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Dominant monkeys may get more warmth than others when huddling in cold: Japan study

Japanese macaques are seen forming a huddle at Choshikei Monkey Park in Tonosho, Kagawa Prefecture. The highest-ranking male with his mouth wide open is in the center left. (Photo courtesy of Shintaro Ishizuka at Kyoto University's Primate Research Institute)
The highest-ranking Japanese macaque male, center, is seen trying to intrude into a huddle at Choshikei Monkey Park in Tonosho, Kagawa Prefecture. (Photo courtesy of Shintaro Ishizuka at Kyoto University's Primate Research Institute)

KYOTO -- A researcher at Kyoto University in western Japan has found that monkeys dominant in their group may get more warmth than others when huddling in the cold.

    Shintaro Ishizuka, a member of Kyoto University's Primate Research Institute specializing in behavioral ecology, observed Japanese macaques huddling to ward off the cold, and found that male dominant macaques took a position inside the huddle. Japanese macaques are known to have strict hierarchical systems.

    "Learning the merits and demerits of hierarchies deepens our understanding of how animals live in groups," Ishizuka said.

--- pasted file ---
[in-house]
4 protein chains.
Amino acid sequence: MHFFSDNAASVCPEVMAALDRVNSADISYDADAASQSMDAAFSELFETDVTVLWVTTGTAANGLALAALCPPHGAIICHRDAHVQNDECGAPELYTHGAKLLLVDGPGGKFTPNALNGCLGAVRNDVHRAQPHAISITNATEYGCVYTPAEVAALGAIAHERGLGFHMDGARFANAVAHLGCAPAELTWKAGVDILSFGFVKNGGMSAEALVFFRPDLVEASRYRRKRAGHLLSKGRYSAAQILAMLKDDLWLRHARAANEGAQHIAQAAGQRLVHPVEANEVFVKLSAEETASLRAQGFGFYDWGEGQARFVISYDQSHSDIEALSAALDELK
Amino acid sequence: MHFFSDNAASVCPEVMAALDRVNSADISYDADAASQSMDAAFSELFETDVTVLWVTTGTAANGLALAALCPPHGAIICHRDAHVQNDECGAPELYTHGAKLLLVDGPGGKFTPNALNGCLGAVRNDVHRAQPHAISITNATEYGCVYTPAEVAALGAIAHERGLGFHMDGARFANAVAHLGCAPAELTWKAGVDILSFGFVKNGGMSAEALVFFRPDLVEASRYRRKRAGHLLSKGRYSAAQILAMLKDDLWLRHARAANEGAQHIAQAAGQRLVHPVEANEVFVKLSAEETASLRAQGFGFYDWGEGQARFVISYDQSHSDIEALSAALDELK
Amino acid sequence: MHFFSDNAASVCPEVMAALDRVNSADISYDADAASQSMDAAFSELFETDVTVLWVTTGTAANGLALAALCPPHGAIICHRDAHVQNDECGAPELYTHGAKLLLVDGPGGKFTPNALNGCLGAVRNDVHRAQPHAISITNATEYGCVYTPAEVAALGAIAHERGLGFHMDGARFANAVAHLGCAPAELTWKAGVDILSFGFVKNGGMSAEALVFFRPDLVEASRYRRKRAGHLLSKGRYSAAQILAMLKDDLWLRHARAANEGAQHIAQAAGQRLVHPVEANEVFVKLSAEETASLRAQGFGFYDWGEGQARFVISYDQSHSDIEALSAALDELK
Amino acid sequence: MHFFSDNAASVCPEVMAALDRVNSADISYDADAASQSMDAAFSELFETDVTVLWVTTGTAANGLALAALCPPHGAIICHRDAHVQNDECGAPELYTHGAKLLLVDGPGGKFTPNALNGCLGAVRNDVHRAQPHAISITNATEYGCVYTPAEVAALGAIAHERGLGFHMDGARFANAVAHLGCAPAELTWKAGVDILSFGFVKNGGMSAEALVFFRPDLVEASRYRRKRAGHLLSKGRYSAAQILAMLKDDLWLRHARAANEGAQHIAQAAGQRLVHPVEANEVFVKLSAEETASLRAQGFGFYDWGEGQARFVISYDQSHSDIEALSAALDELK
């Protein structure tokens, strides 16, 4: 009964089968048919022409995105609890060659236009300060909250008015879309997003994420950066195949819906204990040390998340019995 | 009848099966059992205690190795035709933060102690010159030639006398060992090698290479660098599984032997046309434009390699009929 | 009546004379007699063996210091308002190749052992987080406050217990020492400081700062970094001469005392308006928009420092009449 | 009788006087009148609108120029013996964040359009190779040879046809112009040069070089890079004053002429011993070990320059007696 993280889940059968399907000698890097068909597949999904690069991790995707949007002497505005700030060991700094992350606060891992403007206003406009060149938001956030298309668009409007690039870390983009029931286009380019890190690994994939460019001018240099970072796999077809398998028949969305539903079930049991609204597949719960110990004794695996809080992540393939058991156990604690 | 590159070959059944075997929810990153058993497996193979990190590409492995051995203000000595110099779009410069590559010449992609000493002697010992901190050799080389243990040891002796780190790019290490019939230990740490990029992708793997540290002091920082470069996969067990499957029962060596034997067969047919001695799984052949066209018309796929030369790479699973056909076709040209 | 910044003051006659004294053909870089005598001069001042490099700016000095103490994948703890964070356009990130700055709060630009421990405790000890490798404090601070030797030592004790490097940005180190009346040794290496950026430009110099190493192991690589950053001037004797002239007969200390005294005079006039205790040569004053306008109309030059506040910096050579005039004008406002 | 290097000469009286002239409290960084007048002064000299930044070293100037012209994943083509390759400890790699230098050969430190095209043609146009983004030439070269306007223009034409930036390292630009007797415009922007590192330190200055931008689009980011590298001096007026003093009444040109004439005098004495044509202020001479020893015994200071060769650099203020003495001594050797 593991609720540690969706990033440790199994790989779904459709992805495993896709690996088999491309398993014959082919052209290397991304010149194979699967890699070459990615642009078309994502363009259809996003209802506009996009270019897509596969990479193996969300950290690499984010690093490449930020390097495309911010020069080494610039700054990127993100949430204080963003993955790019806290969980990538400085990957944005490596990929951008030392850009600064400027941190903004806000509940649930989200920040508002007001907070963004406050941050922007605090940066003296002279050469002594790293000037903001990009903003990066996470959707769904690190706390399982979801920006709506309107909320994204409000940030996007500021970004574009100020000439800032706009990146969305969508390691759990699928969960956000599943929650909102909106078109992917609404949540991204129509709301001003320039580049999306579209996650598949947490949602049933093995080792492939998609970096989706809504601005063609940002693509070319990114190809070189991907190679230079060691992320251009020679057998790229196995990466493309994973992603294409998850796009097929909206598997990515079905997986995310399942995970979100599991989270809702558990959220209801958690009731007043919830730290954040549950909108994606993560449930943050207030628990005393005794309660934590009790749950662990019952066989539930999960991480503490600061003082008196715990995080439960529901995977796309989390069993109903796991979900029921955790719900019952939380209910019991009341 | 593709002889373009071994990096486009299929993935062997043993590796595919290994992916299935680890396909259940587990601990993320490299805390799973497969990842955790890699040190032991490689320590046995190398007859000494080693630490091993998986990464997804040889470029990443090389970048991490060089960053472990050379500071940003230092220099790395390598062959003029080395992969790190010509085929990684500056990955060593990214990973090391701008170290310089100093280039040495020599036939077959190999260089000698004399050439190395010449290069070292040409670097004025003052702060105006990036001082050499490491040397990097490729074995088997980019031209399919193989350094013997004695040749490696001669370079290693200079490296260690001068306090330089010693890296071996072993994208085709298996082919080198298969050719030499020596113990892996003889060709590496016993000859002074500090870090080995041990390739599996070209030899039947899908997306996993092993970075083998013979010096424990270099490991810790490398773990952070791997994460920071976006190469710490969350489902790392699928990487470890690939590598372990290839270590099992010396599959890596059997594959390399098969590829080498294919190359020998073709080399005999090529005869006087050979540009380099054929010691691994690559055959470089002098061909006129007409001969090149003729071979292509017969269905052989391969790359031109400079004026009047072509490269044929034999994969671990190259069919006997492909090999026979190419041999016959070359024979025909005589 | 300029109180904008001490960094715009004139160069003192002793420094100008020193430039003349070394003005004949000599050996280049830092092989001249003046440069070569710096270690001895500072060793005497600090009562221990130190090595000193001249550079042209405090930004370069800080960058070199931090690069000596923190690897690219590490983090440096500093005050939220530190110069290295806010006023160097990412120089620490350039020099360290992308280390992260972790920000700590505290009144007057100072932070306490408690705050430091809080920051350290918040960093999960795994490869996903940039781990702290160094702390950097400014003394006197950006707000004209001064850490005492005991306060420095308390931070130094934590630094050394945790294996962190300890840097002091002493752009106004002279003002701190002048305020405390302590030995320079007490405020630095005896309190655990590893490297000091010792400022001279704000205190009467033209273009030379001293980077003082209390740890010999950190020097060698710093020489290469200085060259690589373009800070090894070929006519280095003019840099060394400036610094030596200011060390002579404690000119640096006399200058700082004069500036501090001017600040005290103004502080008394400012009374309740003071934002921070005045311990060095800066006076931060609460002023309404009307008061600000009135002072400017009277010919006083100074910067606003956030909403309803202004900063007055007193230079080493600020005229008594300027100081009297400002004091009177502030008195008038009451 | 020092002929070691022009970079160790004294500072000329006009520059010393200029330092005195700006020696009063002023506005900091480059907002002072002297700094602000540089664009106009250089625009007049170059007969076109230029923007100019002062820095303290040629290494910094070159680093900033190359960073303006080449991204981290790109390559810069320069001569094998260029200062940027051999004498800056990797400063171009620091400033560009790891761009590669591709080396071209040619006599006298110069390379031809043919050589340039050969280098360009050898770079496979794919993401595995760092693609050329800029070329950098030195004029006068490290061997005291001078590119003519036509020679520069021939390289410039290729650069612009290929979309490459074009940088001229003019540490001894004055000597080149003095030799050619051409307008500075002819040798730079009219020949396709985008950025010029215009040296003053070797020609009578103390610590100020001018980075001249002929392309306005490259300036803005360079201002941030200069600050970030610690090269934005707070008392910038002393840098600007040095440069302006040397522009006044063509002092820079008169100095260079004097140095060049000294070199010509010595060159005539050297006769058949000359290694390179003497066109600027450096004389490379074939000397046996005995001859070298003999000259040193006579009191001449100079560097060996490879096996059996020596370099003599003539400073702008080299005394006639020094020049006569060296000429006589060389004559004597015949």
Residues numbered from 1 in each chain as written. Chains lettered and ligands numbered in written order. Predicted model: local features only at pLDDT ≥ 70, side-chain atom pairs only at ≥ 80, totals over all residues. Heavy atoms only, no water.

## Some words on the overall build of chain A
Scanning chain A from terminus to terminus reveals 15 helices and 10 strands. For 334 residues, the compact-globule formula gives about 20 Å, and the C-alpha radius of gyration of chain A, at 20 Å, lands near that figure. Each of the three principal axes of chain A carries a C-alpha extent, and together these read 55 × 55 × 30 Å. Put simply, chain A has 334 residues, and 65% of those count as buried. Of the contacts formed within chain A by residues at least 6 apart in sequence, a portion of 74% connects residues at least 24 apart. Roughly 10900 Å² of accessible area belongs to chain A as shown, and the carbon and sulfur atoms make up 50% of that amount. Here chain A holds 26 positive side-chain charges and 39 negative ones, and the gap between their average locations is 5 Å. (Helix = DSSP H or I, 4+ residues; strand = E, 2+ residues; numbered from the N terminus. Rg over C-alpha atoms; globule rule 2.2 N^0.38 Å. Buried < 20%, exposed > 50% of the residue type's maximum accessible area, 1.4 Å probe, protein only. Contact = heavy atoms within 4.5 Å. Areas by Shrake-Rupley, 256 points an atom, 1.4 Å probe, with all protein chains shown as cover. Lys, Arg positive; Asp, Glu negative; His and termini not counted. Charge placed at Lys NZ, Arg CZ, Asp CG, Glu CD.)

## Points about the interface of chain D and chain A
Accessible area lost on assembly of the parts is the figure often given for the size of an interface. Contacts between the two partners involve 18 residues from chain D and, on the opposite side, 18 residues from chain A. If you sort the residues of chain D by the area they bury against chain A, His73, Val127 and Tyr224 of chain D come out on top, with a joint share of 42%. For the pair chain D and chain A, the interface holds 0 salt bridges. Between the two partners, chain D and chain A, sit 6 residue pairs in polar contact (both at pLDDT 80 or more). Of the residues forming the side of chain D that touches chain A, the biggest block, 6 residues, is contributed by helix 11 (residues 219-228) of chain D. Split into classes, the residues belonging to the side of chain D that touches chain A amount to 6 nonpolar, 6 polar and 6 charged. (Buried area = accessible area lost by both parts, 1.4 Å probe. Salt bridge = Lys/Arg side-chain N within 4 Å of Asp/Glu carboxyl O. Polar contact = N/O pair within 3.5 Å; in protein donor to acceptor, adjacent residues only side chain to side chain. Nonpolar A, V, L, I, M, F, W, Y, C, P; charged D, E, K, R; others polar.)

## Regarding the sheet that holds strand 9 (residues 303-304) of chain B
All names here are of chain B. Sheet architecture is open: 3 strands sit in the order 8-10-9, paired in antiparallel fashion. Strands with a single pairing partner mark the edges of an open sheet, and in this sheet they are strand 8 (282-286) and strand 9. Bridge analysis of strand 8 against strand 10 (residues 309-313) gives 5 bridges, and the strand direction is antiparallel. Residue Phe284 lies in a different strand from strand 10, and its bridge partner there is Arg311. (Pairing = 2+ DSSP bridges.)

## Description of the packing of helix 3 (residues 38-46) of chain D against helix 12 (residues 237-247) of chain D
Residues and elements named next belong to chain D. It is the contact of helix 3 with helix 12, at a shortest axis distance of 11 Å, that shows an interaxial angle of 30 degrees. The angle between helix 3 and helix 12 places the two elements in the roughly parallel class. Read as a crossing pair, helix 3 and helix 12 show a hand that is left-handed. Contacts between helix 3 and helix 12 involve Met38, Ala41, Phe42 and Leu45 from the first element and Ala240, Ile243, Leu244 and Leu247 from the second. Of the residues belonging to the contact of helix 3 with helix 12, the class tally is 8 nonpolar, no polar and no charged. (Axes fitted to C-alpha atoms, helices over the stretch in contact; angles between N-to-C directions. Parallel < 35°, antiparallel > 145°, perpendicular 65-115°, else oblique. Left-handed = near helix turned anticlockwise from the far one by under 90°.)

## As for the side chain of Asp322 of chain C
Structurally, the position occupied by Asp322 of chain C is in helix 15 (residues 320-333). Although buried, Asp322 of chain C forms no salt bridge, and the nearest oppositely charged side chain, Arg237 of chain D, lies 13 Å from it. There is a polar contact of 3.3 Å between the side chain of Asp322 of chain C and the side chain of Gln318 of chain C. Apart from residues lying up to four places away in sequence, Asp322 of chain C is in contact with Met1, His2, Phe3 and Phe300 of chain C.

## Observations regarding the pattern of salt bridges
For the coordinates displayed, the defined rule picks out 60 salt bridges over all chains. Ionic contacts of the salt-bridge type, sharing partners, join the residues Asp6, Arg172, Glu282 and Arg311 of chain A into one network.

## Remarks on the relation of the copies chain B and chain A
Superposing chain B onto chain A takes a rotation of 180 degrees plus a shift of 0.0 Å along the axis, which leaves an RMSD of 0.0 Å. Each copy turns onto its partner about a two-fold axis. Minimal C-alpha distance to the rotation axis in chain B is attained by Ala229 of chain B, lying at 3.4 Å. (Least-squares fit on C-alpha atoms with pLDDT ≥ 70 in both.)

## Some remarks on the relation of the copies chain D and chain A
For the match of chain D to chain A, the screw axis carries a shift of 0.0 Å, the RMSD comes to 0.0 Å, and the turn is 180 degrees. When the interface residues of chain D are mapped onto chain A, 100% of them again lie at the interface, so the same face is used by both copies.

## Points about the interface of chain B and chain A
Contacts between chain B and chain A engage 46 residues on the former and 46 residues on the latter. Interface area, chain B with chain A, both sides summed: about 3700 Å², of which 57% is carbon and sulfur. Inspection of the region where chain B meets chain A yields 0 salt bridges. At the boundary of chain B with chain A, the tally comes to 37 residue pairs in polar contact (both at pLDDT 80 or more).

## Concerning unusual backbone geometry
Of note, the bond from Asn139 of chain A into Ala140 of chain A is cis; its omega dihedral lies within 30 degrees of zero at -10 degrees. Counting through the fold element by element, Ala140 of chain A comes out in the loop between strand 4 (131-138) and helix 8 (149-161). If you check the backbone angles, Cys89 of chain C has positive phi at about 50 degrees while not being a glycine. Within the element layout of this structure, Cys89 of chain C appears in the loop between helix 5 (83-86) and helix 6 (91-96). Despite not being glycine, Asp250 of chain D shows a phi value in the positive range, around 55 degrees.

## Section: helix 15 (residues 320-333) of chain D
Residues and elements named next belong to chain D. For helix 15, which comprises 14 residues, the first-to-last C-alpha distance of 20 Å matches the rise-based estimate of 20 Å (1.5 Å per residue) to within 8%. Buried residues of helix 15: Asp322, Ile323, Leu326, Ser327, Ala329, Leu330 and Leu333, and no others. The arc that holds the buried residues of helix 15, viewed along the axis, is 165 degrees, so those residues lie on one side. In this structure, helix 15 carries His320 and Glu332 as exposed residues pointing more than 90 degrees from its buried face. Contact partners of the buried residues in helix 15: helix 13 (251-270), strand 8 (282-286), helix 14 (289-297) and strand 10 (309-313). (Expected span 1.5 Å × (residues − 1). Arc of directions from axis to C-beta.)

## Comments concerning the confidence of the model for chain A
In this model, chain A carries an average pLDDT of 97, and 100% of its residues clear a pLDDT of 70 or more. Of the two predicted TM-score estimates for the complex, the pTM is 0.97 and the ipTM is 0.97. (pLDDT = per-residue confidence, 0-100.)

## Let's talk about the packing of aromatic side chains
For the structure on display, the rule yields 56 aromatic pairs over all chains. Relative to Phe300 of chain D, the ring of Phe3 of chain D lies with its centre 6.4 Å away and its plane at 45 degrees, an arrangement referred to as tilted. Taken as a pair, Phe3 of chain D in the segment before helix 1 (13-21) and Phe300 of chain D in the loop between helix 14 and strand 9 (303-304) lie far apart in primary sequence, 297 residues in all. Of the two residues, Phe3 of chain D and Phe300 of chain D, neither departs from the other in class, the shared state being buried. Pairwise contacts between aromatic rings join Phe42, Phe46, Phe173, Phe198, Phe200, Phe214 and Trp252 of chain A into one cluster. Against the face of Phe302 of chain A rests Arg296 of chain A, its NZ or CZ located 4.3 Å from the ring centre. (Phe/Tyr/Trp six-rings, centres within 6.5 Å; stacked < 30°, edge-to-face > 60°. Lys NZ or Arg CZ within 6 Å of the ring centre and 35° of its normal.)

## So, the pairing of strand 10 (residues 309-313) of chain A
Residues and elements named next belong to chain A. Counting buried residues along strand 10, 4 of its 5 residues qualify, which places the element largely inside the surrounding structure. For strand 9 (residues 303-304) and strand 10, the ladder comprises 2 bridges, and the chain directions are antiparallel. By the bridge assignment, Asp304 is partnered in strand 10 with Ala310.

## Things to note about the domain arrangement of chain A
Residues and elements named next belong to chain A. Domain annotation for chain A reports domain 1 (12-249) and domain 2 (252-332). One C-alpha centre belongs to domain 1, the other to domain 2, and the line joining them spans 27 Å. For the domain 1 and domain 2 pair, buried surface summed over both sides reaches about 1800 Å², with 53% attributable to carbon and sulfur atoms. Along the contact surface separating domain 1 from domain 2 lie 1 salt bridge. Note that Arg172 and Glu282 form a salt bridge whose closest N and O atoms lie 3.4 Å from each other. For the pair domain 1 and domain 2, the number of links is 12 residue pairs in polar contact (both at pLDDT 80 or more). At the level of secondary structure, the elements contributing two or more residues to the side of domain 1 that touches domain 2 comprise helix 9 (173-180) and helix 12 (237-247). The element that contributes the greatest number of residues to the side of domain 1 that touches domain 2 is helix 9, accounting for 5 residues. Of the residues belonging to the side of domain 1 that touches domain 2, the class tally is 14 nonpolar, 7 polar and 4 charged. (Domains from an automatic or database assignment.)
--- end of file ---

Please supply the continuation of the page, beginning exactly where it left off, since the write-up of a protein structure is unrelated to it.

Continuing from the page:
Ishizuka conducted his research on one of the two Japanese macaque groups at Choshikei Monkey Park on Shodo Island in Tonosho, Kagawa Prefecture, in western Japan, in December 2017. In this group, consisting of about 150 monkeys at the time, there were six male adults whose hierarchy was already known. Ishizuka took pictures of huddles every five minutes, and studied the positions of males in the huddles and the numbers of monkeys they were in contact with.

    Analysis of 100 photographs revealed that the highest-ranking male was in contact with about 5.5 macaques on average, followed by other males who were in contact with some 3.2 to 3.6 monkeys on average. The higher the ranking, the more individuals they were in contact with. Furthermore, observation of 56 huddles consisting of 21 or more monkeys each revealed that the higher the ranking a male had, the less often he took a peripheral position in the huddle. The highest-ranking male was also seen forcing his way into the middle of the huddle.

    Ishizuka is considering analyzing females' behavior and taking temperature measurements using a small thermographic camera to see how much warmth the macaques actually get.

    His study was published in the British online journal "Behavioural Processes."

    (Japanese original by Satoshi Fukutomi, Kyoto Bureau)

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